For as long as I can remember, I’ve always loved tomato soup. I grew up eating Campbells (made with milk) and paired with a grilled cheese sandwich for dipping whenever possible. Oh sure, I’ve made tomato soup from scratch before, but it always takes longer than I’d like. Sure, oven-roasted-balsamic-glazed-tomato-bisque may taste great (believe me, it does), but it lacks the homestyle creaminess and nostalgia factor of good ol’ Campbells. Besides, the tomatoes at the market didn’t look so great so I wanted to utilize some canned ones that were banished to the pantry. It’s all about using what you have, folks!
I bet you have the following in your house:
Olive oil, onions, garlic, whole canned tomatoes, bread, brown sugar, red pepper flakes, chicken broth, and bay leaves.
Saute up a few onions in some olive oil – mine were small so I used 2 – and a few cloves of garlic (3-5) for good measure.
One can never go wrong with sautéing onions and garlic together. Unless you’re making chocolate cake, and then I’m not sure you should go down that path.
After a few minutes, the onions should have started to soften. When this is the case, add a good pinch of red pepper flakes and a few bay leaves.
Open up 2 big cans of whole tomatoes – the 28oz size – and dump them in, too. One cannot have tomato soup without tomatoes, after all.
Mash those babies up with a potato masher. Go ahead, take out all of your aggression on those poor canned tomatoes. They’re used to it.
Now, let’s talk about thickeners. Traditionally, creamy tomato soup will be made with some form of dairy product. I try to avoid using heavy cream in soups, but I knew that milk wouldn’t give me the richness I was looking for. Guess what you can use instead?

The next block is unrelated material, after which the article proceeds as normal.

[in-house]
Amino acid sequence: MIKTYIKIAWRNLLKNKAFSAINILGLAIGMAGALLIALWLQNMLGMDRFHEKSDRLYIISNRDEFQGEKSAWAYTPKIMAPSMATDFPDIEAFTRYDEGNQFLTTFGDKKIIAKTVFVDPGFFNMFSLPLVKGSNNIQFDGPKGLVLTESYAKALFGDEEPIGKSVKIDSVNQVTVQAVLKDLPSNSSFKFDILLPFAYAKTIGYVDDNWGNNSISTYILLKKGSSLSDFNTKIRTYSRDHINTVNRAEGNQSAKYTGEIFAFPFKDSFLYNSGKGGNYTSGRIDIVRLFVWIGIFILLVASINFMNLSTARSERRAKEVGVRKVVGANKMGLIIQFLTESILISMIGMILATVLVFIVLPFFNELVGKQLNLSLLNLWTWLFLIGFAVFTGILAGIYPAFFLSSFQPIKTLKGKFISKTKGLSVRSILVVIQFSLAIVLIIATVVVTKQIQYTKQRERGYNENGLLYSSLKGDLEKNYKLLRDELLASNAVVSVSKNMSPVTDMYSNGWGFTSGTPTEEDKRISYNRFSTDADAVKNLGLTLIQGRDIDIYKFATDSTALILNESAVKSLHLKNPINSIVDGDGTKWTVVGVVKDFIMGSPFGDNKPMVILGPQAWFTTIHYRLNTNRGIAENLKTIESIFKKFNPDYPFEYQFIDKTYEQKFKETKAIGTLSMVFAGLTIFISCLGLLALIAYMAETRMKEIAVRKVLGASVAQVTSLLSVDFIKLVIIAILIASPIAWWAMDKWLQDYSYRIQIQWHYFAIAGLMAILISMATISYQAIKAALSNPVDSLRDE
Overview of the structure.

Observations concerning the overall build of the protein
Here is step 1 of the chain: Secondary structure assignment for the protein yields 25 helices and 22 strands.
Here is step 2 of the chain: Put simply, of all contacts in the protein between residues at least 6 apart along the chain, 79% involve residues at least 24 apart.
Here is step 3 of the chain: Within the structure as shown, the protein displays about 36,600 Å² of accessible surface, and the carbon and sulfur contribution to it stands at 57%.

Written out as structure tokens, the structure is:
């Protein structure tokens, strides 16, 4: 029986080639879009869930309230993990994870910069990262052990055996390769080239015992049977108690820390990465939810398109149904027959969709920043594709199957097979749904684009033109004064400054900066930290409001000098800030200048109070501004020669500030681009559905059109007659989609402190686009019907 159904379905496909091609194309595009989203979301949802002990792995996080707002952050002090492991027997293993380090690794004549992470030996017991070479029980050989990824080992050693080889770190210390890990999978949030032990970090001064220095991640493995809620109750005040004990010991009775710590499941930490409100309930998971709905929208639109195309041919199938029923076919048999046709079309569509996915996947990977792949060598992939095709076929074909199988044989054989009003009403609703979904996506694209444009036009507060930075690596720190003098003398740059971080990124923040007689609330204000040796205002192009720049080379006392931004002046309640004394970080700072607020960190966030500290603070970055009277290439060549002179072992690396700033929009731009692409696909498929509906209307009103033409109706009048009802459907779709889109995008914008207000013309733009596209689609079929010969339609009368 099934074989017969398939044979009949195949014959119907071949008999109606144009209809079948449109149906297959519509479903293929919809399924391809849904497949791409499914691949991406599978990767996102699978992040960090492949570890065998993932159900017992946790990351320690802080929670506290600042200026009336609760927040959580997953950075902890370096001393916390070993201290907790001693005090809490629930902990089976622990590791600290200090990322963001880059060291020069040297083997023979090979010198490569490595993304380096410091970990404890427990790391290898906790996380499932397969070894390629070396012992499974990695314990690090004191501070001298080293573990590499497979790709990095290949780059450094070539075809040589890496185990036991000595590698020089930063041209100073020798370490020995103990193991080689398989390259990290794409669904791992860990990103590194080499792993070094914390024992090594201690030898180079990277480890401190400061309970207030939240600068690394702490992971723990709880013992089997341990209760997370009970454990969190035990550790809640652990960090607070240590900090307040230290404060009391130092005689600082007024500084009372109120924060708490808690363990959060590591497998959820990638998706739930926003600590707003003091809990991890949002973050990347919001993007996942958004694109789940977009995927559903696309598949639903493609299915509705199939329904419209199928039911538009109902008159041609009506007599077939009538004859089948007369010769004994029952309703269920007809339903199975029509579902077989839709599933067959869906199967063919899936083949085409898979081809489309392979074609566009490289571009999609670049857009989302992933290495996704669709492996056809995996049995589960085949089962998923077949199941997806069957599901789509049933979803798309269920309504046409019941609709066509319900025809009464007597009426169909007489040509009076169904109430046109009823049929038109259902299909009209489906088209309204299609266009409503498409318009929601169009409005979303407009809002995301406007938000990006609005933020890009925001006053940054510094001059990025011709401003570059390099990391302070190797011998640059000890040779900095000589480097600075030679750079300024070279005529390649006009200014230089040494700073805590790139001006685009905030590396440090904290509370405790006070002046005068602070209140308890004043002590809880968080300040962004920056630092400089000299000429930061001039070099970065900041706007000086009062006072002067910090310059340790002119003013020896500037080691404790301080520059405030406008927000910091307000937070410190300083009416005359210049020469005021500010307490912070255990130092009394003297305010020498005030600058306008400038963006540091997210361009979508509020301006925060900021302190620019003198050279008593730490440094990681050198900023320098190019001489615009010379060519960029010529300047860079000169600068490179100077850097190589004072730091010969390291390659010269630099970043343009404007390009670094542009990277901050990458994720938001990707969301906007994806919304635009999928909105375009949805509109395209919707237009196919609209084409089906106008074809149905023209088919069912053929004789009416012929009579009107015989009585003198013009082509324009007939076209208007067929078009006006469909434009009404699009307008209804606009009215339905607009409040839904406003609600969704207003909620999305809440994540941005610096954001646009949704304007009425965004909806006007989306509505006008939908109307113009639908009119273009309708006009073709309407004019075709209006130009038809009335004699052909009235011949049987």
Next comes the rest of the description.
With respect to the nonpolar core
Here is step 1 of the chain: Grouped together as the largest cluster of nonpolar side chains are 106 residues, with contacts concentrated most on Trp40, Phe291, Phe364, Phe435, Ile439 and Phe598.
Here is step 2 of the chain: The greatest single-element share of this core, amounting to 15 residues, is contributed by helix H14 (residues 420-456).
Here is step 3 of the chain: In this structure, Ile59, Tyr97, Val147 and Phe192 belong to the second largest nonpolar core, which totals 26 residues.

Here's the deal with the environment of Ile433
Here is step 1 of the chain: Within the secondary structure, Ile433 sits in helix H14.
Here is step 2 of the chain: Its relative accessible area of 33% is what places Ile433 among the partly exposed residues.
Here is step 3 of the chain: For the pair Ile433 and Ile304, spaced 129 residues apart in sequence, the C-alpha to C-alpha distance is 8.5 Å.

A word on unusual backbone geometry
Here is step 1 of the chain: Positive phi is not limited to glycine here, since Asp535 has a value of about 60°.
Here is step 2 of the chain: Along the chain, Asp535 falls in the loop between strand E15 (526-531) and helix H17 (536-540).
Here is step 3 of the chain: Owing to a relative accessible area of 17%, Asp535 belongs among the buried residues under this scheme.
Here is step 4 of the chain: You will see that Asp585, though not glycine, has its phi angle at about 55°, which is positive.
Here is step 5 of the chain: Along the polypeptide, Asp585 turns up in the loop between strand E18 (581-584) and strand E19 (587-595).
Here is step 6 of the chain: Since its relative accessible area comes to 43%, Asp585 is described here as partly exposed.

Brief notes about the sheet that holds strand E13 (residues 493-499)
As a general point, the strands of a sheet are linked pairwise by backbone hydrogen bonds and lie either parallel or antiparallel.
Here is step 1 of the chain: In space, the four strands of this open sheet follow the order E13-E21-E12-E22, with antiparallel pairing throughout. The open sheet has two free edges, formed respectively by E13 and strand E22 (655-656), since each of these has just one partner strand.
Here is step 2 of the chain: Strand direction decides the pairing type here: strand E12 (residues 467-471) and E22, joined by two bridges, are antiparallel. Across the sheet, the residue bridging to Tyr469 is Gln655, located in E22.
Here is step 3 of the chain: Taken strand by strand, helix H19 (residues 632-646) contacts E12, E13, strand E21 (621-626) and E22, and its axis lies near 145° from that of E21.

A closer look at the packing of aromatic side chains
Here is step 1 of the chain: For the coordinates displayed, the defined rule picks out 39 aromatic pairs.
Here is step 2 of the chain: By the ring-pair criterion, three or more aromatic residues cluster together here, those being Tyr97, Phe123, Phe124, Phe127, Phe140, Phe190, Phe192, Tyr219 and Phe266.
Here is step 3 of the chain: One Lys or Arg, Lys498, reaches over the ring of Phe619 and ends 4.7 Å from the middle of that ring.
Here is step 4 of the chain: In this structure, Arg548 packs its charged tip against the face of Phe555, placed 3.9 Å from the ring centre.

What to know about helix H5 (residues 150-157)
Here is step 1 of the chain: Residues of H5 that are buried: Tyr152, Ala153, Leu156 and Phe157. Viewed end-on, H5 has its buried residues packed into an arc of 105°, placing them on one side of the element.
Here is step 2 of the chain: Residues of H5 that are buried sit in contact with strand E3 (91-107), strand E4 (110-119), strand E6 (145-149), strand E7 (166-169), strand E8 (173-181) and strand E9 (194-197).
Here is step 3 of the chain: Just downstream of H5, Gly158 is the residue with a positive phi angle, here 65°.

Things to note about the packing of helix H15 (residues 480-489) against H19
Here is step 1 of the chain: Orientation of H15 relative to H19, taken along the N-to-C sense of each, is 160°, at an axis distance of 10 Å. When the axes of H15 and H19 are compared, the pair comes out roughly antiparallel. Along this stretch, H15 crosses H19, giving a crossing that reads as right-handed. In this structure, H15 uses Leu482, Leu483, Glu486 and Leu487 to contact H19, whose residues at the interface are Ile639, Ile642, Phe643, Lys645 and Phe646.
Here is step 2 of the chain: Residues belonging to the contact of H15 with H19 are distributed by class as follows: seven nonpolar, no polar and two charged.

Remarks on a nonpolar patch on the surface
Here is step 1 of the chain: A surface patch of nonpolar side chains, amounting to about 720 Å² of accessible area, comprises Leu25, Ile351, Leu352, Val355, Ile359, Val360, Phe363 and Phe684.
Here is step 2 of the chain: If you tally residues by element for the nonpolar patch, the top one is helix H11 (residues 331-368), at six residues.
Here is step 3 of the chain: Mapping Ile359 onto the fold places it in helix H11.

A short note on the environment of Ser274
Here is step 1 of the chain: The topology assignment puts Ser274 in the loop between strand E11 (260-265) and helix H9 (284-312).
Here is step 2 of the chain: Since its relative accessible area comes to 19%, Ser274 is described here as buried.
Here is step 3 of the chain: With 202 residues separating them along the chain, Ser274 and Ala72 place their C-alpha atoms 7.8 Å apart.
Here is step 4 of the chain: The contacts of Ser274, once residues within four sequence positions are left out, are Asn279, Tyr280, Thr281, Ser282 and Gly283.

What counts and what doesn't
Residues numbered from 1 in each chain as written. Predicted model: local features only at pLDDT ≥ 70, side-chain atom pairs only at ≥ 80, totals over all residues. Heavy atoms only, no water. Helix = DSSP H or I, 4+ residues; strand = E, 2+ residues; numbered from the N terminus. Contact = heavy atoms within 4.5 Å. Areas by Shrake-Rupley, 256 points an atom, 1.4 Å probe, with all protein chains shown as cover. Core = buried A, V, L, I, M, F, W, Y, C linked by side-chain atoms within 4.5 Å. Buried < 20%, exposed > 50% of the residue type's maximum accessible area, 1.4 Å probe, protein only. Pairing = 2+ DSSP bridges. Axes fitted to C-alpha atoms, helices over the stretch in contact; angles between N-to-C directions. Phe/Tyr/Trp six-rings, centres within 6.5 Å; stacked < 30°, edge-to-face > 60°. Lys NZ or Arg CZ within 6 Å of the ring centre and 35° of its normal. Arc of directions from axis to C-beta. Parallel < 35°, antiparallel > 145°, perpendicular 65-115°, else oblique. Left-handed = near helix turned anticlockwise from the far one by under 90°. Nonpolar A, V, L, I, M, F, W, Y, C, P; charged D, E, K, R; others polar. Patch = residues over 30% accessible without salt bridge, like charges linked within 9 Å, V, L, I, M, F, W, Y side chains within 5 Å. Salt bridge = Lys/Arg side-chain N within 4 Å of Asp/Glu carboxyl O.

Bread! How bizarre, right? I thought so, but apparently its an old Italian trick. Who knew? Not I, that’s for sure. Get yourself a decent quality loaf of white bread (I know, I know…), cut 3 slices, and cube up the bread sans crusts. While you have the knife and cutting board out, you might as well cut a few extra slices for a grilled cheese sandwich too.
Add the bread and a few tablespoons of brown sugar to the soup pot. How much sugar, I hear some of you asking? Well, it depends on how sweet you like your soup and how acidic your tomatoes are. Easier to start with one and add more later if you need it.
Stir everything together, and bring the soup to a boil. Once it’s reached that point, reduce it to a simmer and let everything hang out until the bread is completely saturated by the tomato mixture. Or until you decide that you can’t take it anymore; you want soup NOW. I gave mine about 20 minutes, I think. I should start taking pictures of the clock just to be sure.
Time to puree the soup – you can use your blender, food processor, or immersion/stick blender which was my appliance of choice. Funny story – many years ago my Mom was trying to interest my brother in learning how to cook. Nothing was working, so she tried to lure him with the appeal of “power tools” … i.e. blenders, food processors, and stand mixers. It didn’t work, but she gave it a valiant effort. Give her a pat on the back next time you see her, ok?
Add a few cups of chicken or vegetable stock until you reach a consistency you’re happy with – I added 2c total.
Give the soup a taste – does it need more sugar? salt? pepper? spice? Now is the time to add it. Don’t be shy!
Alright, let’s talk about presentation. This soup would be beautiful with a dollop of creme fraiche, a chiffonade of basil, or some fresh homemade roasted garlic croutons on top, wouldn’t it? You can certainly do that, but let’s be honest. It was a Monday afternoon, and I wasn’t into that. I believe that presentation matters a huge deal, but I wasn’t going for upscale gourmet here…I was going for upscale Campbells; simple and delicious.
I drizzled some heavy cream on top and called it a day. Well technically I called it lunch, but you know what I mean.
Now, go open up your pantry and go give Campbells a run for their money!